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more shoes dropping, As a result of State Street's misconduct, hundreds of millions, if not billions, of dollars have likely been lost through retirement and pension plans that invested in bond funds that were touted as conservative, the bond funds w
State Street Sued Over Bond Fund Losses
Thursday November 1, 12:56 am ET
By Mark Jewell, AP Business Writer
Lawsuits Mount for State Street Over Investment Losses Tied to
BOSTON (AP) -- Institutional money manager State Street Corp. now
faces three lawsuits over its management of bond funds that were
touted for their conservative investment strategies, yet posted losses
over the summer because of risky holdings tied to the subprime
Managers of public employee funds in at least two states that suffered
losses are following the litigation closely but have yet to file their
The latest lawsuit was filed last week in federal court in Boston by
Nashua Corp., a Nashua, N.H.-based maker of paper and imaging
products, against State Street's investment arm, State Street Global
State Street also was named in similar lawsuits filed earlier in
October by Prudential Retirement Insurance and Annuity Co., a manager
of retirement plans, and by New York-based publisher UniSystems Inc.
Nashua lost $5.6 million by investing company pension funds in State
Street's Bond Market Fund, due to the fund's "overexposure in mortgage-
related securities," according to the lawsuit.
Nashua's complaint seeks class-action certification, which could allow
other companies that invested in certain State Street funds to join
"As a result of State Street's misconduct, hundreds of millions, if
not billions, of dollars have likely been lost through retirement and
pension plans that invested in the bond funds," the lawsuit says.
Arlene Roberts, a spokeswoman for Boston-based State Street, said the
company was "disappointed that a small number of our active fixed-
income clients" have sued.
"We pride ourselves on our commitment to clients, and we believe that
we managed these strategies consistent with stated investment
objectives. The events in the fixed-income markets over the summer
were unprecedented. We intend to defend ourselves against these
complaints," she said.
Nashua's lawsuit seeks unspecified damages and alleges violations of
the Employee Retirement Income Security Act, the federal law governing
retirement plans in private industry.
"State Street held out the bond funds to be actively managed funds
with little investment risk and returns comparable to their respective
benchmark indices," the lawsuit says.
But State Street "significantly deviated from its investment
strategy," the lawsuit says.
For example, as of the end of July, the Bond Market Fund "had invested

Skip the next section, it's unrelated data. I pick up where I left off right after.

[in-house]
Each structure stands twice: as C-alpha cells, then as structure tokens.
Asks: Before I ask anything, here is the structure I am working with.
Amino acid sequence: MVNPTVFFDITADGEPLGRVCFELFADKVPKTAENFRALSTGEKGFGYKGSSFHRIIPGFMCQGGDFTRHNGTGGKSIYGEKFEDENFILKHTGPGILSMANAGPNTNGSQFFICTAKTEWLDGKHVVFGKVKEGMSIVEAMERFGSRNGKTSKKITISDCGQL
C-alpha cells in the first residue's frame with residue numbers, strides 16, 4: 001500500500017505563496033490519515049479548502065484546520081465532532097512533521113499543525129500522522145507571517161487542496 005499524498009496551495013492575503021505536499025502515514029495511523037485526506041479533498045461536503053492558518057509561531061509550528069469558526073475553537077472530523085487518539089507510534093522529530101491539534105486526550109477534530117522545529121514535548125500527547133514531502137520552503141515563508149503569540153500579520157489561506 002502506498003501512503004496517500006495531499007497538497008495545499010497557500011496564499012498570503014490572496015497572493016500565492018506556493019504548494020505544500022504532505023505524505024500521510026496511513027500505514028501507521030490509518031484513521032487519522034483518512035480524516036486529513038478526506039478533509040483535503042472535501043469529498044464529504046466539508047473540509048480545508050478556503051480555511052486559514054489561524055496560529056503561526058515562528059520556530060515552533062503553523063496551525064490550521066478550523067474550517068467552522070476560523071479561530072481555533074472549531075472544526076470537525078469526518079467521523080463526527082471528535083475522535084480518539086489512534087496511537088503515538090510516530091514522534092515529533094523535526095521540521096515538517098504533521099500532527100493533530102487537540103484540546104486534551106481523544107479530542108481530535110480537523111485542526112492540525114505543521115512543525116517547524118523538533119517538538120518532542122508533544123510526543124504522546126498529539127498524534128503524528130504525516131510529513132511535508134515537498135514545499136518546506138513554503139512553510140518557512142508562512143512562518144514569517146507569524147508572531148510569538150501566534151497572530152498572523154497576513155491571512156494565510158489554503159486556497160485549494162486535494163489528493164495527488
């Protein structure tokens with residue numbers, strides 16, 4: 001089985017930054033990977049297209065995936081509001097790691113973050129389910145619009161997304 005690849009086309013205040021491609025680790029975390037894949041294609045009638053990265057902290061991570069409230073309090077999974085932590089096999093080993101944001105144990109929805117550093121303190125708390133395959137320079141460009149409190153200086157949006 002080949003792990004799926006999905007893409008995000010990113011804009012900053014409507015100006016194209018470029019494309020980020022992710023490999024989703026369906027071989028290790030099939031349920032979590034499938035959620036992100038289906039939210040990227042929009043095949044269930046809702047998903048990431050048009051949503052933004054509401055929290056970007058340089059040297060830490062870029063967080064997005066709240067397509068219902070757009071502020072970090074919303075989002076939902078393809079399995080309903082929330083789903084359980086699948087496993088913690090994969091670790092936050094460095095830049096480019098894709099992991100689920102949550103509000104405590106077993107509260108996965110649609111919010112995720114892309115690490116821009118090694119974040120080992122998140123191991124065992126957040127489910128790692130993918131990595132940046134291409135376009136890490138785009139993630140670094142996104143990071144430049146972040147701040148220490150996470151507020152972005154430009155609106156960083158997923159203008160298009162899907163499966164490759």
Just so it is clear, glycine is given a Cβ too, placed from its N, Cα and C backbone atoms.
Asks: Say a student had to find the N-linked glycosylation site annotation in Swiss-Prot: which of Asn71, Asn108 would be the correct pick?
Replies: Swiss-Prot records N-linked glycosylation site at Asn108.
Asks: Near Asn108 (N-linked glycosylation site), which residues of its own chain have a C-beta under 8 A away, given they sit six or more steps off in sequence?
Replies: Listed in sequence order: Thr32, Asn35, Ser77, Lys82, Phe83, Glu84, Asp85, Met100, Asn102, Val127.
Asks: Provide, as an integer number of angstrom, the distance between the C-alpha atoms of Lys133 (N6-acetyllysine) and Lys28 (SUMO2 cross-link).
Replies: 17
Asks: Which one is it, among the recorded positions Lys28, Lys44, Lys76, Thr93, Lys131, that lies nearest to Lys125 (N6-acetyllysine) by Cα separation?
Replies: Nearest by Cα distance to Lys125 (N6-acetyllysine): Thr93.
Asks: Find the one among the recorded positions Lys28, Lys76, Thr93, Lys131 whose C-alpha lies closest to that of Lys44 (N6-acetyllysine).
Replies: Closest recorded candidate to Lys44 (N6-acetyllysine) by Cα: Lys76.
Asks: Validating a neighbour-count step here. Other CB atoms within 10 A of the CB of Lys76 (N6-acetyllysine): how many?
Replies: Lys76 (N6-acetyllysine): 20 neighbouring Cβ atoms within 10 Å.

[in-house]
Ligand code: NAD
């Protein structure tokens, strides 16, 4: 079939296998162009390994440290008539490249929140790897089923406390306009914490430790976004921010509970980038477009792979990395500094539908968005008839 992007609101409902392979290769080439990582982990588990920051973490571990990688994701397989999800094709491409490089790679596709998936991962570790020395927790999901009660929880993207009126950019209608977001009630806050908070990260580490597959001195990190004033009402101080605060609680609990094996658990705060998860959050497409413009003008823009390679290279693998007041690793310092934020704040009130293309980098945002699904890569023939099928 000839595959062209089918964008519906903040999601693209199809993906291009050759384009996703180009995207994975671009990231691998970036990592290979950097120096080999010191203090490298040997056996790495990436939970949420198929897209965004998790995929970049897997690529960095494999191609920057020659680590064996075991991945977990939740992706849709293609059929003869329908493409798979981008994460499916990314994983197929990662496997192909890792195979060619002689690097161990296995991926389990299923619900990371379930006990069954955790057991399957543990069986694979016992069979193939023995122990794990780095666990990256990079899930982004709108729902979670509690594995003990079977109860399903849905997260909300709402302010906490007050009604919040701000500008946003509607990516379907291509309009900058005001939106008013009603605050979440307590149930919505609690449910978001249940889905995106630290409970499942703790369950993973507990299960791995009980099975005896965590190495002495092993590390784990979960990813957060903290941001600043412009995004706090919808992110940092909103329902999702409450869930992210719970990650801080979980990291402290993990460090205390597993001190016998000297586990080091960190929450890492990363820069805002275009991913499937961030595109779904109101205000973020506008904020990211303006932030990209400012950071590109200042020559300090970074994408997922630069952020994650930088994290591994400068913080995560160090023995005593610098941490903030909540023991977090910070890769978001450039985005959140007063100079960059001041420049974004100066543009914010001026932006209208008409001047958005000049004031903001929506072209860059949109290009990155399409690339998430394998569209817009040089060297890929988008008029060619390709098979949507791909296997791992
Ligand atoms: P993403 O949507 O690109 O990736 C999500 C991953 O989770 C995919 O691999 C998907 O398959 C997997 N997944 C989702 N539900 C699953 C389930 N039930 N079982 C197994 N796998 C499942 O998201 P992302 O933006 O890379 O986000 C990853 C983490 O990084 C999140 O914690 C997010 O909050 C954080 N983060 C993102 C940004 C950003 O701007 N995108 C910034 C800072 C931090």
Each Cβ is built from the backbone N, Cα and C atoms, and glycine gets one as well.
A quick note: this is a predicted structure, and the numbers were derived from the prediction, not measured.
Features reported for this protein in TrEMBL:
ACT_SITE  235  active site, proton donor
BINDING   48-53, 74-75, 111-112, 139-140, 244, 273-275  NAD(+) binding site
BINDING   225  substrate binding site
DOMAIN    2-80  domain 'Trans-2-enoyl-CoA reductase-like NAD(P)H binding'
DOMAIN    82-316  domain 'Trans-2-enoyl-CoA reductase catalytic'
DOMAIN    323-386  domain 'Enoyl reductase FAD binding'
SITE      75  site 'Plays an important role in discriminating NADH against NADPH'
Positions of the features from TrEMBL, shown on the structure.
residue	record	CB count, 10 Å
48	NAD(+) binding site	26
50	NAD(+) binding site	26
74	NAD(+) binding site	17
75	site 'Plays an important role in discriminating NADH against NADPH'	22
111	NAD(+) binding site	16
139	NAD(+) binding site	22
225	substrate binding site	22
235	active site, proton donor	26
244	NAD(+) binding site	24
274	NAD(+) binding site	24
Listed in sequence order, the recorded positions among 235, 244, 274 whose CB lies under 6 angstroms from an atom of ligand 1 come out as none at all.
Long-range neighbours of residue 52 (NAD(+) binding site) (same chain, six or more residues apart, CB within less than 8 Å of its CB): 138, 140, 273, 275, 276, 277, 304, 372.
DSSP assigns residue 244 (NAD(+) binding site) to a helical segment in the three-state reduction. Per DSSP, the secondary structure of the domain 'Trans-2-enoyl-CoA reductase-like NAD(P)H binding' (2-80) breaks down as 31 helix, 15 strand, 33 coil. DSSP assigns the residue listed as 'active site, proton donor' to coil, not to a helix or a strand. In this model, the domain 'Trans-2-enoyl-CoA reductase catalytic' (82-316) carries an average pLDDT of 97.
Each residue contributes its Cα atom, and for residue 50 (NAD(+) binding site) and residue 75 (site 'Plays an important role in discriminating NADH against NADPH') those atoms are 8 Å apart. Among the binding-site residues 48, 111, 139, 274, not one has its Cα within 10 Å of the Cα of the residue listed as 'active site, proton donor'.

more than 27 percent of the portfolio in asset-backed securities
comprised of home equity loans" in the mortgage industry's subprime
segment, the lawsuit says.
In late August, Nashua received a letter from State Street advising it
of a more than 12 percent loss in the fund that month, in a period
when an index the fund was supposed to track posted a 1 percent gain,
the lawsuit says.
Idaho and Alaska are among the states with state employee funds that
were invested in so-called "enhanced index" bond funds offered by
State Street -- funds buffeted by the recent turmoil in investments
tied to subprime mortgages geared toward customers with spotty credit.
Alan Winkle, executive director of the Public Employees Retirement
System of Idaho, said Wednesday that his agency was reviewing the
matter "to find out what happened."
Idaho has not pursued litigation over $3 million to $4 million in
losses in a state Unused Sick Leave Benefits Fund that had invested in
State Street's Government/Credit Bond fund, Winkle said.
Michael Barnhill, an attorney in Alaska's Department of Law, said his
state is conducting a review after 1,300 state employees suffered
losses totaling $6.1 million from their elective investments in a
State Street Bond fund offered through a state supplemental annuities
savings plan. Barnhill declined to comment on whether Alaska might sue
State Street over the loss.
State Street says the problematic funds amounted to a small fraction
of the $244 billion in fixed-income funds it manages. About $36
billion of that total is actively managed -- as opposed to passive
funds that track indexes. The proportion exposed to subprime mortgages
amounted to $7.8 billion as of June 30, and just $2.6 billion as of
Sept. 30, Roberts said.
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